Banks Get Failing Grade in Foreclosure Handling

Banks continue to receive backlash for their handling of a flood of foreclosures across the country. A new report released this week by federal regulators finds that banks failed to do a good job in handling foreclosures and sometimes evicted home owners when they clearly should not have.

The problems were “significant and pervasive” and added up to “a pattern of misconduct and negligence,” according to the Federal Reserve. The Fed says it soon plans to announce monetary penalties against mortgage servicers.

The report revealed several cases “in which foreclosures should not have proceeded due to an intervening event or condition,” such as families in bankruptcy or home owners who were eligible for a loan modification or even in the process of doing a loan modification.

The report also noted that banks had inadequate and poorly-trained staffs and improperly submitted paperwork to the courts.

In response to the report, several mortgage servicers signed a consent agreement this week, agreeing to changes that include new oversight procedures of foreclosures and reimbursing home owners who were wrongly foreclosed upon. One of the servicers signing the agreement, JPMorgan Chase, says it would add up to 3,000 employees to meet the new regulatory procedures.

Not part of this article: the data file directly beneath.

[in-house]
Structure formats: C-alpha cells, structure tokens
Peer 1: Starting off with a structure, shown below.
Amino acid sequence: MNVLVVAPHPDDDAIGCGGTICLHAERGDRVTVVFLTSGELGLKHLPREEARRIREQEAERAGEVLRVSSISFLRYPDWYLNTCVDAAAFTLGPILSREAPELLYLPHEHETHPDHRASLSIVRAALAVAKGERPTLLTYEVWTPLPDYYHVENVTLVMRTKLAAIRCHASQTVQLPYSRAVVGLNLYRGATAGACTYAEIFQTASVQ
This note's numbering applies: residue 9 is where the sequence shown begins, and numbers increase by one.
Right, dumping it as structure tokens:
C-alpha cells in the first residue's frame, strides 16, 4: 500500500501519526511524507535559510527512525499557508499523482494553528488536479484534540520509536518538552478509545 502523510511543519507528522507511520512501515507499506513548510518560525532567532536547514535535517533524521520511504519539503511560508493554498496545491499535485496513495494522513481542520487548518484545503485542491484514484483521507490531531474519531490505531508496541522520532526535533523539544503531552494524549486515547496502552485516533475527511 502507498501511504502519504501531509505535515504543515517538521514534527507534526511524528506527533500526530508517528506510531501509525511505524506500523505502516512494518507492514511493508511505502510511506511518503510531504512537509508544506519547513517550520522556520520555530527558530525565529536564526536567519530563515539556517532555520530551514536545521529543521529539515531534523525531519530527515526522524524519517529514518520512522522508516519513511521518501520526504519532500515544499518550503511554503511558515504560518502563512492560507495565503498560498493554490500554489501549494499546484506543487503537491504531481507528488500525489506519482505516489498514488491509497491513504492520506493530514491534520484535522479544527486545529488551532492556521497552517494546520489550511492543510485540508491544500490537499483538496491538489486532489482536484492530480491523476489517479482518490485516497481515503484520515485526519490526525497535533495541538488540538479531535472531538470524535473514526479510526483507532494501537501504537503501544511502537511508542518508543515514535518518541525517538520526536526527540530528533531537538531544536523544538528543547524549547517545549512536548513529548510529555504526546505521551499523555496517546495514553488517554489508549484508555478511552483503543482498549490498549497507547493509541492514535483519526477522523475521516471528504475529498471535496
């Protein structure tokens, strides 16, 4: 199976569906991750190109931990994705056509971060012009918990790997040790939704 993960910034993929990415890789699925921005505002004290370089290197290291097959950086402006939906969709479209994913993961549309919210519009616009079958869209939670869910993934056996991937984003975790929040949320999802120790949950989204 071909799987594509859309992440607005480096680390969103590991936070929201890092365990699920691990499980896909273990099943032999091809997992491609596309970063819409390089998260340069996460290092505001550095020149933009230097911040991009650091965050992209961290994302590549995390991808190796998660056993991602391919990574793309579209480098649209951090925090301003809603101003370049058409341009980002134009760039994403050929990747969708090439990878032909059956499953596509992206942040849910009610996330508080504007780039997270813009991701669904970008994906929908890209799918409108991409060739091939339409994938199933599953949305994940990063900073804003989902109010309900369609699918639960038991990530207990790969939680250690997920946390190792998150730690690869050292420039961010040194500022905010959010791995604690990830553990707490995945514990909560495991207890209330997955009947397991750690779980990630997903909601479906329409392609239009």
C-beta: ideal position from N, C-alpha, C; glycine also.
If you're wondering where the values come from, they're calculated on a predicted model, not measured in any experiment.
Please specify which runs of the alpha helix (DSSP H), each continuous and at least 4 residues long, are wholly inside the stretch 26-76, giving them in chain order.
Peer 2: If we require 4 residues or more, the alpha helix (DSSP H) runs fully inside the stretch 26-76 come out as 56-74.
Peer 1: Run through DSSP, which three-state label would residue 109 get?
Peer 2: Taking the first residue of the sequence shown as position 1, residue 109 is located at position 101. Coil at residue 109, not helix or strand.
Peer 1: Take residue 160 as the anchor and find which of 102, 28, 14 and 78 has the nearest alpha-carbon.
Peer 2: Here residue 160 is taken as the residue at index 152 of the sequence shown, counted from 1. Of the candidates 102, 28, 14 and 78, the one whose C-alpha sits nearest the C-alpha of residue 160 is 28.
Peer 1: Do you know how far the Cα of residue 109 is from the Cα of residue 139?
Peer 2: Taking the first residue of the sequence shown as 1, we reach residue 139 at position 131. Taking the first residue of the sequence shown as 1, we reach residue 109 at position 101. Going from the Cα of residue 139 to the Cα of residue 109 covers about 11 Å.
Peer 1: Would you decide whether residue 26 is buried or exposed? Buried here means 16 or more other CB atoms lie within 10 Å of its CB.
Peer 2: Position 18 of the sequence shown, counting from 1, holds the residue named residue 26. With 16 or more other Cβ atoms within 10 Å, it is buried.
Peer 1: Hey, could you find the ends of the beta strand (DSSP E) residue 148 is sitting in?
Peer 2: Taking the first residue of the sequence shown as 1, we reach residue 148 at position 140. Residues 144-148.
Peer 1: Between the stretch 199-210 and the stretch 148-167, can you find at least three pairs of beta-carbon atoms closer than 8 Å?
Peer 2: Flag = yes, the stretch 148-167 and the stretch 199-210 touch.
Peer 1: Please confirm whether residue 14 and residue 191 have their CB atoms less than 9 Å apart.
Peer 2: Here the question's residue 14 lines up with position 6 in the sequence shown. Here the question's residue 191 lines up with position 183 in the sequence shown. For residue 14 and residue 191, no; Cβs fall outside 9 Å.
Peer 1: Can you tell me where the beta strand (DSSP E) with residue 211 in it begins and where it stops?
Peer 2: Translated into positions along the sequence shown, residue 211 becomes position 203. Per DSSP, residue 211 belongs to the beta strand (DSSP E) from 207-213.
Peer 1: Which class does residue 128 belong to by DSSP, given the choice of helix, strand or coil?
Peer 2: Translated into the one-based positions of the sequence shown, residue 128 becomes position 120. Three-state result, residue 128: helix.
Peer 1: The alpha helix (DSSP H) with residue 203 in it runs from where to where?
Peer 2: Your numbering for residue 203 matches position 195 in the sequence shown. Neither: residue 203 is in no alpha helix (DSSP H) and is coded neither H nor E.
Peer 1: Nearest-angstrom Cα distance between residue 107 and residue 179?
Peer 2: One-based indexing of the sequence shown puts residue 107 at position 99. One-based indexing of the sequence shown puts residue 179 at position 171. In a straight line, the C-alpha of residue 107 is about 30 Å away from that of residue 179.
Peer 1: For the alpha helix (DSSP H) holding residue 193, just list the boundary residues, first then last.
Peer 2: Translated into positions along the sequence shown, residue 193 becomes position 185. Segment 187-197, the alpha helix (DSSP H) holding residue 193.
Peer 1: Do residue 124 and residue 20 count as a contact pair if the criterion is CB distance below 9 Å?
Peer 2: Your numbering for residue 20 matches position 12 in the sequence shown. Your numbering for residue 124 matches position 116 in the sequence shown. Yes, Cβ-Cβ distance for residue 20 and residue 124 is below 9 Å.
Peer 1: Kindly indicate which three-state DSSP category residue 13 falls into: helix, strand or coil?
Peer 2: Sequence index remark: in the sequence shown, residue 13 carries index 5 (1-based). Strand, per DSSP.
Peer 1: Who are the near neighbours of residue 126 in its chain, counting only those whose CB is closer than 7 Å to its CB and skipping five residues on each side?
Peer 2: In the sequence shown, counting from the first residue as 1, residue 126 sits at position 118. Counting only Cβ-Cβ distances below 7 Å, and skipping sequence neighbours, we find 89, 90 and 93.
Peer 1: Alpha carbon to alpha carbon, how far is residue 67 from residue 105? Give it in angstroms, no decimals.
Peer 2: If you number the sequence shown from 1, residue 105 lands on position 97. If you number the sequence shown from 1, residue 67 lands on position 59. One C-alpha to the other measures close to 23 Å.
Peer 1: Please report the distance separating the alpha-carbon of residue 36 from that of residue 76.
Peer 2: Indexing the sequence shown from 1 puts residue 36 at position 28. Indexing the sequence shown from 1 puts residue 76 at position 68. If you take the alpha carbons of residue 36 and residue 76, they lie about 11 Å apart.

“The banks are going to have to do substantial work, bear substantial expense, to fix the problem,” says John Walsh, the acting comptroller of the currency.

About two million households are in foreclosure, and several million home owners have already lost their home to foreclosure.

More Penalties Coming

The banks still face punishment and settlement talks with other agencies. The state attorneys general are conducting their own probe into shoddy foreclosure procedures and working with the Obama administration to overhaul the foreclosure process to prevent future abuses.

Source: “Report Criticizes Banks for Handling of Mortgages,” The New York Times (April 14, 2011)

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